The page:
Lows of 1 Year as Digital Nomads in South America

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Digital Nomadism.

The holy grail.

The freedom to go where we want, when we want and stay as long as we want.

We recently wrote about about the highlights of a year travelling in South America and, on the whole, our lives are as awesome as we make out.

But there is a dark side.

Trying to earn enough money to live off, balancing the workload and the exploration, finding suitable places to stay (“A Desk! A Desk! My Kingdom for a Desk!”) and decent WiFi connections have been some of the many challenges we’ve faced.

And so, around the time of our one year Nomadiversary (thanks to Dave for the term!), we would like to share some of our low points from the last year.

Some of these are specific to South America and some are more general problems that digital nomads or long term travellers could face anywhere.

Things We Didn’t Like About South America

The Food

If we could tally the subjects of all the conversations that we’ve had over the past year, “Food” would be number one by a South American mile (which is longer than a regular mile, see “buses” below).

We are vegetarians and food has been a constant struggle for us: generally, there is always something we can eat but it is often very bland and unexciting. Few local dishes are veggie friendly and when we find some they aren’t healthy (think fried dough and cheese).

As a result, we are often driven to gringo restaurants for vegetarian options, which cost a lot more than local eateries and we hate missing out on an important part of the culture.

There have been a few food highlights though including Argentine ice-cream (the best outside of Italy), Colombian fruit, wonderful vegetarian restaurants in Buenos Aires and Lima and shopping in local vegetable markets. Our life is much easier when we have our own kitchen which is why we loved renting apartments in Buenos Aires, Salta and Medellin.

The Cold

It got really cold in Salta, but at least our apartment was nice

Much of South America is at a very high altitude. This means cold. In most places it is sunny and warm enough during the day, but the temperatures dramatically drop at night. Heating is rare and if your hostel shower isn’t steaming hot it’s not a fun experience. We don’t regret visiting places like the Bolivian highlands and Peruvian Andes but we were definitely ready for the heat of Central America.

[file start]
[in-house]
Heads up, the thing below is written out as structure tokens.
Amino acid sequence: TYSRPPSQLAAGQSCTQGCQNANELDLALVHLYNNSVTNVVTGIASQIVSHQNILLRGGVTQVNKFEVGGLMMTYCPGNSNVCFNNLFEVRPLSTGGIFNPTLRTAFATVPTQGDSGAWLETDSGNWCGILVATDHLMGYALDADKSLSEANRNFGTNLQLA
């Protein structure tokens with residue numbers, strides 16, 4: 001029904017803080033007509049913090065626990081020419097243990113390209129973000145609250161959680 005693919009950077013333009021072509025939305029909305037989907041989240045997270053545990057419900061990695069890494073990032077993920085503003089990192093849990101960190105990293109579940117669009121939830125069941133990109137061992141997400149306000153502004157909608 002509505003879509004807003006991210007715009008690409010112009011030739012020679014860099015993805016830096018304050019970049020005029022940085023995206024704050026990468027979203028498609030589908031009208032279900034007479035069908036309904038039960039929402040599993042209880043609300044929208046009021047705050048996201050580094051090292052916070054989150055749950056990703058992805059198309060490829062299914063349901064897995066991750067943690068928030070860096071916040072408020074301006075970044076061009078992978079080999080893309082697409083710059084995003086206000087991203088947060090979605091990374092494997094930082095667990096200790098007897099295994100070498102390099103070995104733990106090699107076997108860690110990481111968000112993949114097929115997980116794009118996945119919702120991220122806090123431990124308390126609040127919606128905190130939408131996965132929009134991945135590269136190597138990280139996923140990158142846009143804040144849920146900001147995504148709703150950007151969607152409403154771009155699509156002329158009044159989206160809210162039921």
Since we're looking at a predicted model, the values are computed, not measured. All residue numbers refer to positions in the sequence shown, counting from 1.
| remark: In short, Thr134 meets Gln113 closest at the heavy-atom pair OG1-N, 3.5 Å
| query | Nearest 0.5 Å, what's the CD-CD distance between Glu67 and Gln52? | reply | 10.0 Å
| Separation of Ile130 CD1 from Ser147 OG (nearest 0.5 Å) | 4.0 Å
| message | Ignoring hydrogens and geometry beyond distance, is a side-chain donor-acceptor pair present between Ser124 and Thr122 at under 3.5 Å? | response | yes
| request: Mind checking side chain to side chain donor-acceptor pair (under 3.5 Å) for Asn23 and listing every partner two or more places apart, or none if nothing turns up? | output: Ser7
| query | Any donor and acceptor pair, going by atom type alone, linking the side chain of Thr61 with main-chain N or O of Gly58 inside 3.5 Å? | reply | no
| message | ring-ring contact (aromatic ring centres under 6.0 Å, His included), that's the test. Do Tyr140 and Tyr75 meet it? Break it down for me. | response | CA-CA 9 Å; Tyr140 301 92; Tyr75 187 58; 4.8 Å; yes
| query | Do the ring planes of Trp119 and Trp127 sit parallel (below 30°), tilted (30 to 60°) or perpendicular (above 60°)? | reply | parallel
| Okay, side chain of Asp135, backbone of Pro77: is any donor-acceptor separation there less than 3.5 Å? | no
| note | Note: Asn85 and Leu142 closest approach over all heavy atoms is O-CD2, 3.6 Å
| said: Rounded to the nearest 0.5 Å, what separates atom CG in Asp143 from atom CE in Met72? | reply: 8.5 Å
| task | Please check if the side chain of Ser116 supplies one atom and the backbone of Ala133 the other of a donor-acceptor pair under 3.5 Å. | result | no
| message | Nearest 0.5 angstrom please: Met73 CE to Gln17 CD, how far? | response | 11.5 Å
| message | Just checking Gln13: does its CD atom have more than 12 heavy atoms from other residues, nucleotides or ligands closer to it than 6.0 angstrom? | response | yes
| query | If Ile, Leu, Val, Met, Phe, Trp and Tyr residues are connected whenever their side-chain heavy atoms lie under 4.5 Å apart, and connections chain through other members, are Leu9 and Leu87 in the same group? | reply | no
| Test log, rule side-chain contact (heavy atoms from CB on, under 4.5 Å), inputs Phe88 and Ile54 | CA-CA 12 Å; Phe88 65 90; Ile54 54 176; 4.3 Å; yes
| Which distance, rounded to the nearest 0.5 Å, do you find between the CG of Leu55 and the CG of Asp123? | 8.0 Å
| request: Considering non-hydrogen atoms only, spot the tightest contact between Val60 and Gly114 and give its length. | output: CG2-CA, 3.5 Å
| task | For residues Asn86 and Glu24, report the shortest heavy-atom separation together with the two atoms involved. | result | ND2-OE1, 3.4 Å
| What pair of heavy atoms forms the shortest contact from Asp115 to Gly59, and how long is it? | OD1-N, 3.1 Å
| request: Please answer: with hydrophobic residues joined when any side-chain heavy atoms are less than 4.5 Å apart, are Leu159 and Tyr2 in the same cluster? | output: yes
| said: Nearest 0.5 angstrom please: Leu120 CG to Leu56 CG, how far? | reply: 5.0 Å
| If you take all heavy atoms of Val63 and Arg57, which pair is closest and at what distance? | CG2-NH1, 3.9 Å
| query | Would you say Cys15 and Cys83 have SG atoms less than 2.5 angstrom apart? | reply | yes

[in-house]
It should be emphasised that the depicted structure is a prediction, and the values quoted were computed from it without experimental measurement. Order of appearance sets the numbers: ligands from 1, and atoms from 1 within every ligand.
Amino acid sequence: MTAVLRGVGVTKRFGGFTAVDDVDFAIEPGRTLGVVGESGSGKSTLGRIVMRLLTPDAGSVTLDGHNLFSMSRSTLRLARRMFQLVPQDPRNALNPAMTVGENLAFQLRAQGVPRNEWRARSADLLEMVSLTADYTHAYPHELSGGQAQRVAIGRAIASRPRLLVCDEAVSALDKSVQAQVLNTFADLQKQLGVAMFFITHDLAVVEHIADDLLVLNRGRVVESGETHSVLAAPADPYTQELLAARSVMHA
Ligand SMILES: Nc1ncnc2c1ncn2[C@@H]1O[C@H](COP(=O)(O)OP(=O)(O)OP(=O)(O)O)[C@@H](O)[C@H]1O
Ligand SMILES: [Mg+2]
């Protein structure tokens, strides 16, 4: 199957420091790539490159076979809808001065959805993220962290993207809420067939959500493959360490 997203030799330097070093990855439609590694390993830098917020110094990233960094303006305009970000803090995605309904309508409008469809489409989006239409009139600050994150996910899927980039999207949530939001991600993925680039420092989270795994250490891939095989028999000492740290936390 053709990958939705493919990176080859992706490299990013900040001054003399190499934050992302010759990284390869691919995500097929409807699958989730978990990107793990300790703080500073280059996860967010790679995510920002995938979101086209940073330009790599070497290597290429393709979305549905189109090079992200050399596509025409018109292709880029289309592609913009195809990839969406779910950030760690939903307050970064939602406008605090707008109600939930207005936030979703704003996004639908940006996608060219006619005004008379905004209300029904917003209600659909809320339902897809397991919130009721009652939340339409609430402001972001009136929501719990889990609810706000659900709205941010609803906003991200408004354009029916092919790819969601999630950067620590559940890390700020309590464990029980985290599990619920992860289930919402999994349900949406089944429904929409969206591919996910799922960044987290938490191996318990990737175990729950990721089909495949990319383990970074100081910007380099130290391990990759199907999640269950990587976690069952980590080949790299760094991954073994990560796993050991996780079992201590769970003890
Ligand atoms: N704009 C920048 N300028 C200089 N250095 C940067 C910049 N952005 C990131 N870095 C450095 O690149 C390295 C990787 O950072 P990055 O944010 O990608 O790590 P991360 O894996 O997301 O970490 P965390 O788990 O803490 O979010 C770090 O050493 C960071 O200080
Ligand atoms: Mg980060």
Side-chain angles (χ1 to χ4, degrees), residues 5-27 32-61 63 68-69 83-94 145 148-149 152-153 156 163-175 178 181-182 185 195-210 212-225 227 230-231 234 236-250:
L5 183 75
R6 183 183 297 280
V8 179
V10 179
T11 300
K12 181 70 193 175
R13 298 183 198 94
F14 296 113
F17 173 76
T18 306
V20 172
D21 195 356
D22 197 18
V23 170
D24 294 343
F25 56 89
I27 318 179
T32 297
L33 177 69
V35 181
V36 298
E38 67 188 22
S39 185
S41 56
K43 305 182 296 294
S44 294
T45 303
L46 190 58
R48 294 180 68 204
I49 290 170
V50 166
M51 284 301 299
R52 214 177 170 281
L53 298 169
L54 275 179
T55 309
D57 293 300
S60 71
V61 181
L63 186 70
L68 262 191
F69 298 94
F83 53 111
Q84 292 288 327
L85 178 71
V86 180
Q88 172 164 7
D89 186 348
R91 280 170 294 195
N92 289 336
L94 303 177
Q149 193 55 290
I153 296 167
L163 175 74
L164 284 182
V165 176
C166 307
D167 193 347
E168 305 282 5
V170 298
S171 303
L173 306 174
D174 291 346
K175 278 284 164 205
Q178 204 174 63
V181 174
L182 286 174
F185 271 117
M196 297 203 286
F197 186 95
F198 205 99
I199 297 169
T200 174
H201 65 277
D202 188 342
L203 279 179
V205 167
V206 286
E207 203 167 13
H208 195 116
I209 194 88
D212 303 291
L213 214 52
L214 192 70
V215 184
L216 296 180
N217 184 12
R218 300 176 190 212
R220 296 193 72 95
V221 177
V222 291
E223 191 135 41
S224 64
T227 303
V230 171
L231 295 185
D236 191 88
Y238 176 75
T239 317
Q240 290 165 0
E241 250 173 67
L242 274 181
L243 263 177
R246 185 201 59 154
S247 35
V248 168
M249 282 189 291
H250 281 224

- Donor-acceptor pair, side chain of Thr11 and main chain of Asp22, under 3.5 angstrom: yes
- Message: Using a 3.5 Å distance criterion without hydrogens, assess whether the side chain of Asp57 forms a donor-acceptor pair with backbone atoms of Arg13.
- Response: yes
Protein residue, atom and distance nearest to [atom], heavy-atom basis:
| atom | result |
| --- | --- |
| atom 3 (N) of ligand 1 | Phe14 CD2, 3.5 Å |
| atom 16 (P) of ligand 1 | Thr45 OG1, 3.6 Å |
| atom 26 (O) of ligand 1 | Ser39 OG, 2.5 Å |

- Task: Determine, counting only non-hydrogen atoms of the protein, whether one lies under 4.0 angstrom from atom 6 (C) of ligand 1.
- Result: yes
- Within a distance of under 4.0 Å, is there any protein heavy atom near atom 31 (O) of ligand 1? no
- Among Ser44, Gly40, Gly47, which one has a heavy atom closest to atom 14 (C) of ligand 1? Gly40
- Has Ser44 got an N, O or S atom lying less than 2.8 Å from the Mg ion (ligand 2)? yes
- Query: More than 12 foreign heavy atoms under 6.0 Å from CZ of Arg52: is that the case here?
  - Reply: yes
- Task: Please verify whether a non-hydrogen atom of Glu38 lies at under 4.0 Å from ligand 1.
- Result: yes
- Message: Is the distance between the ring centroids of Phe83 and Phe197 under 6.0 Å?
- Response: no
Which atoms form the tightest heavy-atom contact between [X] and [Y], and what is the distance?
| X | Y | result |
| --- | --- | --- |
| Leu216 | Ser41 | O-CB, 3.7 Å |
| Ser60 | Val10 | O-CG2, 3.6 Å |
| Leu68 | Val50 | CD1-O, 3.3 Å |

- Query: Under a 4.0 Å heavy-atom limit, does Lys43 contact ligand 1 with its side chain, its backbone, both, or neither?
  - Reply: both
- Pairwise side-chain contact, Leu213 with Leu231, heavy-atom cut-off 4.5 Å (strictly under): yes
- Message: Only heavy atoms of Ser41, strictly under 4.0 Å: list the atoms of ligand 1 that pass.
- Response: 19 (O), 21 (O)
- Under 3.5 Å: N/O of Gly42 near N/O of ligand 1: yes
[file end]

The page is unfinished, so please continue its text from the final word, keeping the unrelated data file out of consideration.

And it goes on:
Of course it’s not cold everywhere. Brazil, the Amazon region of Bolivia, the Caribbean coast of Colombia and Buenos Aires in the summer are all steaming hot. But travelling in South America you can’t avoid the cold so pack some woolly undies!

Lack of Beaches

Ilha Grande, Brazil
Ilha Grande, Brazil

We’re not expecting a lot of sympathy for this one, but in a year we only visited the beach once – Ilha Grande in Brazil. There are other options of course but none seemed that appealing and it didn’t work out with our itinerary.

Before you get too upset on our behalf, however, you should know that this post is coming to you from the Carribean cost in Panama where we are in the process of rectifying past mistakes.


Bus in Paraguay
Bus in Paraguay

There is no train network in South America so the bus is your only option and distances are huge. We can’t sleep on overnight buses and generally find bus travel exhausting. An exception is Argentina which has amazing buses with seats that turn into beds, personal TV screens and champagne served after dinner, and there are also some comfortable luxury buses in Peru.

In Bolivia we experienced bus hell, as there is very little tarmac so journeys are bumpy, windy and cramped.

Some Places Are Expensive

Bolivia was the only place were we could easily stick to our budget. Brazil was crazy expensive and Argentina and Colombia are not cheap either. We found we spent much less when we rented an apartment for a month or two and cooked most of our meals. Of course, ‘expensive’ is relative – we were comparing to the Indian Subcontinent and SE Asia. See here for what we spent in Brazil, Argentina and Paraguay, and in Bolivia and Peru.

Challenges of Digital Nomad Life

Many of these are problems that all long term travellers face and some are more specific to those working and travelling.